- The Clinic is part of Colorado Law’s American Indian Law Program
- Course Number and Description
- Mission and Clients
- Type of Legal Assistance
The American Indian Law Clinic, established in 1992 as one of the first of its kind, represents individuals, Indian tribes and tribal entities in in a variety of settings involving federal Indian law and involving the law and legal systems in Indian County, as well as work with the United Nations.
During this yearlong course, students receive classroom instruction and hands-on experience regarding Indian law issues, focused primarily on projects that have a uniquely Indian law dimension. “Uniquely Indian law” issues are addressed by that body of law that concerns the status of Indian tribes and regulates the legal relationship between them, the federal government, the states and their citizens—commonly known as federal Indian law. All cases accepted and projects undertaken by the Clinic involve issues of Indian law or the law of a particular tribe. Student attorneys handle cases under the supervision of a licensed attorney, the American Indian Law Clinic Director.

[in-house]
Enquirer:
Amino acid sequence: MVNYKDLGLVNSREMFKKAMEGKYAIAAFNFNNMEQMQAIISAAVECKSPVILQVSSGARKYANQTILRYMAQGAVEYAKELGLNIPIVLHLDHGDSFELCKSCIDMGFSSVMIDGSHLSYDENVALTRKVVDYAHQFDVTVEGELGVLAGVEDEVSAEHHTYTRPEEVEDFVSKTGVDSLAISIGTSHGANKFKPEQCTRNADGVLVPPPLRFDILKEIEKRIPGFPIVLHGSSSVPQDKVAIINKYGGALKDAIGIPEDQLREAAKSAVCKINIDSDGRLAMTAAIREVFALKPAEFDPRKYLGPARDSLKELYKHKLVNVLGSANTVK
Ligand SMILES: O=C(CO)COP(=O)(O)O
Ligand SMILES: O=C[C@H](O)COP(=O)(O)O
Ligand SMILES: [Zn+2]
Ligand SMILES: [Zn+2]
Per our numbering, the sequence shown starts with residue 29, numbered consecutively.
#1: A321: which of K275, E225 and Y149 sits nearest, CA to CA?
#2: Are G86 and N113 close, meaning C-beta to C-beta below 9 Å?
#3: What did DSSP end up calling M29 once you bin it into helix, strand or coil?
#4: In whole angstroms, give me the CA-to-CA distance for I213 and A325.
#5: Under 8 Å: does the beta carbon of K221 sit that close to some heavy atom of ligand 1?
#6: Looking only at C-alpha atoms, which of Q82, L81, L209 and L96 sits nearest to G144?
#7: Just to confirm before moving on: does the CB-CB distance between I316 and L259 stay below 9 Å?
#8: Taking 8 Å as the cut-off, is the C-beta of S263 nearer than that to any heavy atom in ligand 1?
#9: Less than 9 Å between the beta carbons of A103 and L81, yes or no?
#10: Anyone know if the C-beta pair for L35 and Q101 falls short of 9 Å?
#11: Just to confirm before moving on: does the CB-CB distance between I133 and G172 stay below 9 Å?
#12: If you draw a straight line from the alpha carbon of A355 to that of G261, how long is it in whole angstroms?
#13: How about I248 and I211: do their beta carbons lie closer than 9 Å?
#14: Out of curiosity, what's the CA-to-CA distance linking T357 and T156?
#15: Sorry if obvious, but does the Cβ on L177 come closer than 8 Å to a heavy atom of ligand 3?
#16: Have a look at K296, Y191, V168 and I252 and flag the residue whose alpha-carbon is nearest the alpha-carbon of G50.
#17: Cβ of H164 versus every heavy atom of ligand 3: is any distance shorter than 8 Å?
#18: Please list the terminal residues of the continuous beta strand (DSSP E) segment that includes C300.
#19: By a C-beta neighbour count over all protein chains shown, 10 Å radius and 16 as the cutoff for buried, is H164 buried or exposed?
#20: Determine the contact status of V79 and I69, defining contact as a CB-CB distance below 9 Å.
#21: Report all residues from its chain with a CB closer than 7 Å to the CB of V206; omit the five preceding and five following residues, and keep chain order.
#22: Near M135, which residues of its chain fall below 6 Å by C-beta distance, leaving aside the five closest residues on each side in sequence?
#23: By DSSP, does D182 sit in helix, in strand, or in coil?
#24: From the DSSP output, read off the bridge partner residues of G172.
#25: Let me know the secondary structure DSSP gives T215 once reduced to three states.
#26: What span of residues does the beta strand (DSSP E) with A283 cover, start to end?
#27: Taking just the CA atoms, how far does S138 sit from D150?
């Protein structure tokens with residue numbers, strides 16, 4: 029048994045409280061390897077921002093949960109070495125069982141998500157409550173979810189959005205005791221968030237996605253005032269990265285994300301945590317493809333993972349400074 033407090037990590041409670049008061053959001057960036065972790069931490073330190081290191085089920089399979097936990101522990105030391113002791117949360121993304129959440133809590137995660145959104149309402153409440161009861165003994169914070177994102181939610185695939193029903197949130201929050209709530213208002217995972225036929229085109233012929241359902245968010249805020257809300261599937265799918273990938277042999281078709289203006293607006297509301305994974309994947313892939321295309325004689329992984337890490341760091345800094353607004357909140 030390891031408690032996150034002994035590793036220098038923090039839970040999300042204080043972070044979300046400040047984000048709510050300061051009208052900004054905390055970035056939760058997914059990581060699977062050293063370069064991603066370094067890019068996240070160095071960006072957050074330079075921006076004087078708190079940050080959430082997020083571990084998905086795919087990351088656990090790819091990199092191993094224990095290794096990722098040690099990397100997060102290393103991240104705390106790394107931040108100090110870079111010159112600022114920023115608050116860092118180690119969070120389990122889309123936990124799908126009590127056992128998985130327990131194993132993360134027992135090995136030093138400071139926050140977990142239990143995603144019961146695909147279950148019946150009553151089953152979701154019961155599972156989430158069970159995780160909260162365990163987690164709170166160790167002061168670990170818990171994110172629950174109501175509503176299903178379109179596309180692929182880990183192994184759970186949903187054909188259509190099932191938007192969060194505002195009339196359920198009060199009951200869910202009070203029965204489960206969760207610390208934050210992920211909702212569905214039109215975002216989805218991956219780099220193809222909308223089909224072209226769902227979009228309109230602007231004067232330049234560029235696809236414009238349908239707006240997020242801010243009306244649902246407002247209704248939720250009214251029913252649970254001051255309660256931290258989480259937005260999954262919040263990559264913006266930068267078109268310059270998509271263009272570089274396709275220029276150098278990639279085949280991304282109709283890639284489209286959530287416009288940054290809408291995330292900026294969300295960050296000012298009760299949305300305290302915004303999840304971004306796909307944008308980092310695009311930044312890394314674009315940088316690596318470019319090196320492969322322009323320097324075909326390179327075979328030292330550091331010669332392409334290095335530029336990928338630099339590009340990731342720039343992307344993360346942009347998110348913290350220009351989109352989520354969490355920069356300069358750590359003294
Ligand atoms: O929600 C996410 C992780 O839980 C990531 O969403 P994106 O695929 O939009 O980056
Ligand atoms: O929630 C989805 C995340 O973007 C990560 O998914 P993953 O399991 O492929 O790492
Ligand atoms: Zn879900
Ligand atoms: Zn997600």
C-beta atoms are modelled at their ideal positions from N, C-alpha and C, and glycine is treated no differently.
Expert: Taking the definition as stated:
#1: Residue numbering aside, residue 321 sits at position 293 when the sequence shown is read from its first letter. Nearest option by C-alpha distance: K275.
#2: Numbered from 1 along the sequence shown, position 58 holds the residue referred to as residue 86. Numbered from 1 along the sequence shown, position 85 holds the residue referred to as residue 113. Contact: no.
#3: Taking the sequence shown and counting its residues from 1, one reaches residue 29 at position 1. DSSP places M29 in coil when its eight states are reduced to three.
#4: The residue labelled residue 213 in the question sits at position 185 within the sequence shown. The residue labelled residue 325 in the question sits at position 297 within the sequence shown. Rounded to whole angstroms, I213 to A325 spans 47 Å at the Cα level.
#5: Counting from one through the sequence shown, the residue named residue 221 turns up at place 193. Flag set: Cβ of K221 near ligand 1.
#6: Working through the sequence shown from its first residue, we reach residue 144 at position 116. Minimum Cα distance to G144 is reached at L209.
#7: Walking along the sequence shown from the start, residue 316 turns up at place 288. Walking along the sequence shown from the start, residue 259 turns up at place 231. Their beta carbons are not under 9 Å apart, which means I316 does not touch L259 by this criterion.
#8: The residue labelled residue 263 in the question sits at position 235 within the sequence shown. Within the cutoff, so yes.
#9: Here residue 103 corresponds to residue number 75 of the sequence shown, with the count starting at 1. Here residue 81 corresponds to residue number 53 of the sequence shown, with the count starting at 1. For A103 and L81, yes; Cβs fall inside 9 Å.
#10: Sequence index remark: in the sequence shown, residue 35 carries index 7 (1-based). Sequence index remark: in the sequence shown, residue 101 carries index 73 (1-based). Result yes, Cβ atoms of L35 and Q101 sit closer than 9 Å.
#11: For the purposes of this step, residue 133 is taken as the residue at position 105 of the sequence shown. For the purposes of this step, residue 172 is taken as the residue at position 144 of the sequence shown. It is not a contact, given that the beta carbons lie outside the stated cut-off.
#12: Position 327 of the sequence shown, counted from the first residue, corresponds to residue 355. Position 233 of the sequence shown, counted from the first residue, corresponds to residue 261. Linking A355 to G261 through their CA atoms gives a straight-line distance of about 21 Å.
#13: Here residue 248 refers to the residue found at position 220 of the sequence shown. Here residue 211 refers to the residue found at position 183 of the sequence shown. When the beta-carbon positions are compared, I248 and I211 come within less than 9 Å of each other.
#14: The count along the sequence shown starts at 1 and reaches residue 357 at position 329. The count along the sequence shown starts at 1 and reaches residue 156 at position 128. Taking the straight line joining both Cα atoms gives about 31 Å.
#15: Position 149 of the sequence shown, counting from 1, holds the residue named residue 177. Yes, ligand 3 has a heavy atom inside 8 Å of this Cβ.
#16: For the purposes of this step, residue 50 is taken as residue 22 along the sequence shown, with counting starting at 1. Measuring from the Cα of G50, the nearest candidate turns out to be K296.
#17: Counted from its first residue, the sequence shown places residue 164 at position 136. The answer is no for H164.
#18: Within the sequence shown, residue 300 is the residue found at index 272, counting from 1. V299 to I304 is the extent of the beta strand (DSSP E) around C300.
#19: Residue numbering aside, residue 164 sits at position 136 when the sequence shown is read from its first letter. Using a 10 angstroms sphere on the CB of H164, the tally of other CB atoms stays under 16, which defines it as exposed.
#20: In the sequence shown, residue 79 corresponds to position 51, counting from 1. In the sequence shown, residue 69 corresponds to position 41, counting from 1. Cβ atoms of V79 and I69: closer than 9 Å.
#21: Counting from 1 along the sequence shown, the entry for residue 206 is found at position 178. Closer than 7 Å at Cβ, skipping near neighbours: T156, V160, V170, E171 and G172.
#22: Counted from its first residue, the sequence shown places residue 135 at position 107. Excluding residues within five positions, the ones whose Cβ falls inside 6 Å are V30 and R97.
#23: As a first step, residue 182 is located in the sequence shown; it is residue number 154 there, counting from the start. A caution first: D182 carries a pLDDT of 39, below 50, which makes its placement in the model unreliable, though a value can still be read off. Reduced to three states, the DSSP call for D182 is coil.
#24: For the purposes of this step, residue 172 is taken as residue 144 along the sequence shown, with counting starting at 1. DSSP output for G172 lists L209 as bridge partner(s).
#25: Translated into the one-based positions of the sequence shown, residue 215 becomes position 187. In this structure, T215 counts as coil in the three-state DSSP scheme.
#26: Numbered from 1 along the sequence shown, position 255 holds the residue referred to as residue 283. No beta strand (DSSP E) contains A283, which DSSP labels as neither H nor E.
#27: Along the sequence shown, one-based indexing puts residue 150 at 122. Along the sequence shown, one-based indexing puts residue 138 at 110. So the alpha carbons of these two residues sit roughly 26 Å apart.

Colorado Law students provide valuable legal advocacy research, writing, and education to individuals, tribal governments, tribal courts, tribal communities, and Indigenous-led non-profits. Work includes some court-based projects and some transactional projects, as well as travel in Indian Country and to the UN in New York.
The American Indian Law Clinic seeks out opportunities to expand its legal services to the Native American community in critical areas. Please reach out to Professor Christina Stanton if you are interested in becoming a client. Please note the clinics are not open during the semester breaks and typically only accept cases at the start of the school year. While we try to help as many as possible, we may need to refer you to outside sources.